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PJ Media encourages you to read our updated PRIVACY POLICY and COOKIE POLICY.

Sword and shield

After the Theresa May gave Russia an deadline to explain why a Russian-made nerve agent was used against Sergei Skripai and his daughter Kremlin spokesman Maria Zakharova replied "one should not threaten a nuclear power".  So given the provocation Britain had to do precisely that or become a nothing.  With a little help from their friends.

The US led strike on Assad's chemical weapons facilities was probably more about the Salisbury than Syria.  About the need to draw a line somewhere because it had never been drawn before.   In many ways the strike was an attempt to make amends for years of policy inaction that emboldened Putin until, perhaps without realizing it, he went too far.  The Kremlin strongman refined his hybrid warfare tactics against the training set of Obama/Clinton and may have been genuinely shocked when the tactics which once served him so well have suddenly stopped working.

But the belated response is also dangerous.  The Western alliance is now in a situation of calculated risk, for Putin whatever he may be, he is one of the "only men who can end the world in an afternoon". Any course which will stop Putin now is inescapably fraught. Piers Morgan understood the dilemma when he warned, shortly before Trump unleashed the strike: "don’t bomb Syria, Mr President. We should have taken out Animal Assad years ago but thanks to our dithering he and Putin are about to win and posturing now isn’t worth risking all-out war."

But the die has been rolled and we can only hope for the best. In a democracy, figuring the odds used to be a collective process. At the highest level of generality it involves Congress. But, mesmerized by the Collusion drama Congress has neglected to do this.  The Washington Post,  under its ironic banner "Democracy Dies in the Darkness" confessed as much writing "lawmakers agree there should be a ‘strategy’ on Syria — but what that should be is an open question".  It is as if America suddenly awoke in the Big Cold War Casino, with no memory of how it got there and a two week growth of Access Hollywood beard on it's face.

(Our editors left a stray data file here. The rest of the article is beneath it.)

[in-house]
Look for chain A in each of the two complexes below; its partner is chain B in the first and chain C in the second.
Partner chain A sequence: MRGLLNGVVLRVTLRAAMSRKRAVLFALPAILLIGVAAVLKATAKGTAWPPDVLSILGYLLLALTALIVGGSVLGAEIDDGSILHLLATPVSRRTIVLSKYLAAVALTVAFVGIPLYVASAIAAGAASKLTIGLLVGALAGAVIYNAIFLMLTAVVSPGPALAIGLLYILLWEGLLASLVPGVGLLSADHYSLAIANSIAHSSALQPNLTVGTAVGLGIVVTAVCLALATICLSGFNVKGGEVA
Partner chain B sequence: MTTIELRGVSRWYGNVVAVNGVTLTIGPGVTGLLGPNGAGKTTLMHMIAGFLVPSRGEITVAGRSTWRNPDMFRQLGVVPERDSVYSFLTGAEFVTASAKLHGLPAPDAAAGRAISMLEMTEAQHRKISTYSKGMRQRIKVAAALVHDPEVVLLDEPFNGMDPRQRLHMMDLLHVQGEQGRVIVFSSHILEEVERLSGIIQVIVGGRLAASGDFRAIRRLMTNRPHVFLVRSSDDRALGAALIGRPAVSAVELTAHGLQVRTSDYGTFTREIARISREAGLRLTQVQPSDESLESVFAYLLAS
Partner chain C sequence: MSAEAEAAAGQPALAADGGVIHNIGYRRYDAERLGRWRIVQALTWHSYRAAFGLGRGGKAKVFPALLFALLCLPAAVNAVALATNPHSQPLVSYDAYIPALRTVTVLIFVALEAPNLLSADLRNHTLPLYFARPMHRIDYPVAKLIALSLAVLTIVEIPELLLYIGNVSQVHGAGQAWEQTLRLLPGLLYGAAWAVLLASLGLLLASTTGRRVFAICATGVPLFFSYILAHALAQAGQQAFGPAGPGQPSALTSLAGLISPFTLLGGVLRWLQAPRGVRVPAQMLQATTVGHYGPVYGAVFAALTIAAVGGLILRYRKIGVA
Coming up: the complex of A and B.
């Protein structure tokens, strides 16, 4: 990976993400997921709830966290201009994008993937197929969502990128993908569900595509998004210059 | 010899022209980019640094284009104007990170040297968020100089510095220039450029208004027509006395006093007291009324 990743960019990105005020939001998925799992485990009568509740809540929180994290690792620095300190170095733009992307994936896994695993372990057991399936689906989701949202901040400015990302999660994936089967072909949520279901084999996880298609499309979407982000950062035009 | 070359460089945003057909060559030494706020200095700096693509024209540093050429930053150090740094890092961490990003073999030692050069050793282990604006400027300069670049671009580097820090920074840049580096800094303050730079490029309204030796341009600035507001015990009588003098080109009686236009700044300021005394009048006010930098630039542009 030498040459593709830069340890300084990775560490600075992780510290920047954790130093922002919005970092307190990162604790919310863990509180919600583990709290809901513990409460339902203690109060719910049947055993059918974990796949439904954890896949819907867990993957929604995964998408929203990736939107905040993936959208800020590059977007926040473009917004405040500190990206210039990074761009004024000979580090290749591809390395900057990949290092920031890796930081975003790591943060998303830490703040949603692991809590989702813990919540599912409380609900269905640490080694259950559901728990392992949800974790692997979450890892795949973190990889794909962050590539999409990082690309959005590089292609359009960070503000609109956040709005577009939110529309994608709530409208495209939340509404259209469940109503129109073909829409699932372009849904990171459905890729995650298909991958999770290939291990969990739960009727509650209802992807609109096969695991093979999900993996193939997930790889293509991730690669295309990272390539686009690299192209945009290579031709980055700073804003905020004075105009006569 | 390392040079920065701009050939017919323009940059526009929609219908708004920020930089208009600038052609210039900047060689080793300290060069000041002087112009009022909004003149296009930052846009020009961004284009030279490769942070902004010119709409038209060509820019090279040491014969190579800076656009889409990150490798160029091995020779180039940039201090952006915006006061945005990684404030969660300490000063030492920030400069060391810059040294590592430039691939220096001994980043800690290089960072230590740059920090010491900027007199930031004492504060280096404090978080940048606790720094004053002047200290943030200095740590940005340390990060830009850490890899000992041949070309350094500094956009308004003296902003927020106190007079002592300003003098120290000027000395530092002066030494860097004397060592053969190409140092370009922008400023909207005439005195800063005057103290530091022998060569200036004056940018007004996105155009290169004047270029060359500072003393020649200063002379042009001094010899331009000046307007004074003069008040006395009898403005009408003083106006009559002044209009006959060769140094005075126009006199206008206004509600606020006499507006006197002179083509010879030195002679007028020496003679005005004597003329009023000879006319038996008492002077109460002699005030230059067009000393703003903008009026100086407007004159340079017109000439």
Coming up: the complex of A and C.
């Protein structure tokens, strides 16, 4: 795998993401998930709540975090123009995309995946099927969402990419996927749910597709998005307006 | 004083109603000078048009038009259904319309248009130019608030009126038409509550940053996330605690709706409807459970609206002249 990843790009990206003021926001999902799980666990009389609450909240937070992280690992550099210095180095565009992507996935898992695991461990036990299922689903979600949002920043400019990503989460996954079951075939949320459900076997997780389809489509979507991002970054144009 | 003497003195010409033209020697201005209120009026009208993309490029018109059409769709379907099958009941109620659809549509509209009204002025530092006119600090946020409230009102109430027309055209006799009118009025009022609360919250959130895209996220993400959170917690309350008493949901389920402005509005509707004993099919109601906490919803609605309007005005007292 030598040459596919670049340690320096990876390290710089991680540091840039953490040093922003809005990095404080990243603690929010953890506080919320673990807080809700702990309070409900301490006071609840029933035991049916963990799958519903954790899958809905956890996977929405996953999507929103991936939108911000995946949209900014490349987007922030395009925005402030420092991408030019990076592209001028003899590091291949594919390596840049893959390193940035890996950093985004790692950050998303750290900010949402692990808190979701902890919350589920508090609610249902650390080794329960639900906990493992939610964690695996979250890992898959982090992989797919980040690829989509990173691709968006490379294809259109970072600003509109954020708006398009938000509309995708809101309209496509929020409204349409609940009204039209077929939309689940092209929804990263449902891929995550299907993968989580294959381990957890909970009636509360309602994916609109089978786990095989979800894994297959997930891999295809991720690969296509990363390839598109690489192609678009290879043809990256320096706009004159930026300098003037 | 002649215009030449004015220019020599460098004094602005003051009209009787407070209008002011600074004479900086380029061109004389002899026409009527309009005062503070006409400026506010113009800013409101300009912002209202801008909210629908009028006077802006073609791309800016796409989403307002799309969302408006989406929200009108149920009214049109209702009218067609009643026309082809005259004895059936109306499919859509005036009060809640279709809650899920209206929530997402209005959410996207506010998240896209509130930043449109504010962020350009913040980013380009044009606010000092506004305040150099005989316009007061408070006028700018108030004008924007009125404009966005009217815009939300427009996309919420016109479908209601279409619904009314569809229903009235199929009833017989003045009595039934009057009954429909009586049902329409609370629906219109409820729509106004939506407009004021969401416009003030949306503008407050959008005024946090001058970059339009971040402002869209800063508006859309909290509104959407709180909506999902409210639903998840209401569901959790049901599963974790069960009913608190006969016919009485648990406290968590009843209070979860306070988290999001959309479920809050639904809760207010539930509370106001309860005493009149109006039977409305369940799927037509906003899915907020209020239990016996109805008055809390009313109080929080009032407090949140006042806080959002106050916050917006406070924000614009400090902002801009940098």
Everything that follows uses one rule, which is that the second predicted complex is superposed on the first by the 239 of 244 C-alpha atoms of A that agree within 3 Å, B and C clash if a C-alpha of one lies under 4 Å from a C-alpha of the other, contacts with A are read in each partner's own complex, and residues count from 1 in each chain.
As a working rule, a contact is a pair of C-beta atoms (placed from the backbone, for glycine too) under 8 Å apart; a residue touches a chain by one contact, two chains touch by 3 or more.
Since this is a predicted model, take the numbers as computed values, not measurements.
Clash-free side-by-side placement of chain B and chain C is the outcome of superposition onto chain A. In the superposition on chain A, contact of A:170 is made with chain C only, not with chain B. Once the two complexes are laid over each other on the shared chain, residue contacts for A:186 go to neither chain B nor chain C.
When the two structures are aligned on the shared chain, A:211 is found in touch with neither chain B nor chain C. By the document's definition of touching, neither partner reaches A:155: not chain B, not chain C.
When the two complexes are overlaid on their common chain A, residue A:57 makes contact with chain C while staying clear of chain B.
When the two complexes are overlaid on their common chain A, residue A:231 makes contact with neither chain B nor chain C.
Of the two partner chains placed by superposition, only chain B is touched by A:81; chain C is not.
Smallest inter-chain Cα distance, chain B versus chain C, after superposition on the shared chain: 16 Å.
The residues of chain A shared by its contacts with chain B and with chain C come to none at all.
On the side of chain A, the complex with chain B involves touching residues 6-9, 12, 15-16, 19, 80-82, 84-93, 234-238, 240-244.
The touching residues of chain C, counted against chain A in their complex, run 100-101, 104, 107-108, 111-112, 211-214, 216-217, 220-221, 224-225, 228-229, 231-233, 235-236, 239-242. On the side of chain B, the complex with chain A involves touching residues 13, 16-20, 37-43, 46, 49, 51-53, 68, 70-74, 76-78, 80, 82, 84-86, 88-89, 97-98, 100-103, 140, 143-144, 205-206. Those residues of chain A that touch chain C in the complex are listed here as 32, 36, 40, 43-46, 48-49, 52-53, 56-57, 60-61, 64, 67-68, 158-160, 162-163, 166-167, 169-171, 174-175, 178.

If there's any silver lining it is that the Western response has converted Putin's "hybrid warfare" into an open dispute.  It can no longer skulk like a U-boat in the depths of ambiguity; in green men, front organizations, in swarms of trolls.  The shock of recent events has forced it to the surface, where all the cards are on the table.  The sight may be frightening to the public but better that the common man can see it than where it could not.

Yet the drama of recent days should not obscure the fact that war -- hybrid or otherwise -- is essentially a defensive  instrument in the long conflict against Putin.  It can contain but it cannot defeat a nuclear power.  War in this case is but a shield.  It is economics which is the sword. If Putin falls it will not be to missiles but to gas prices.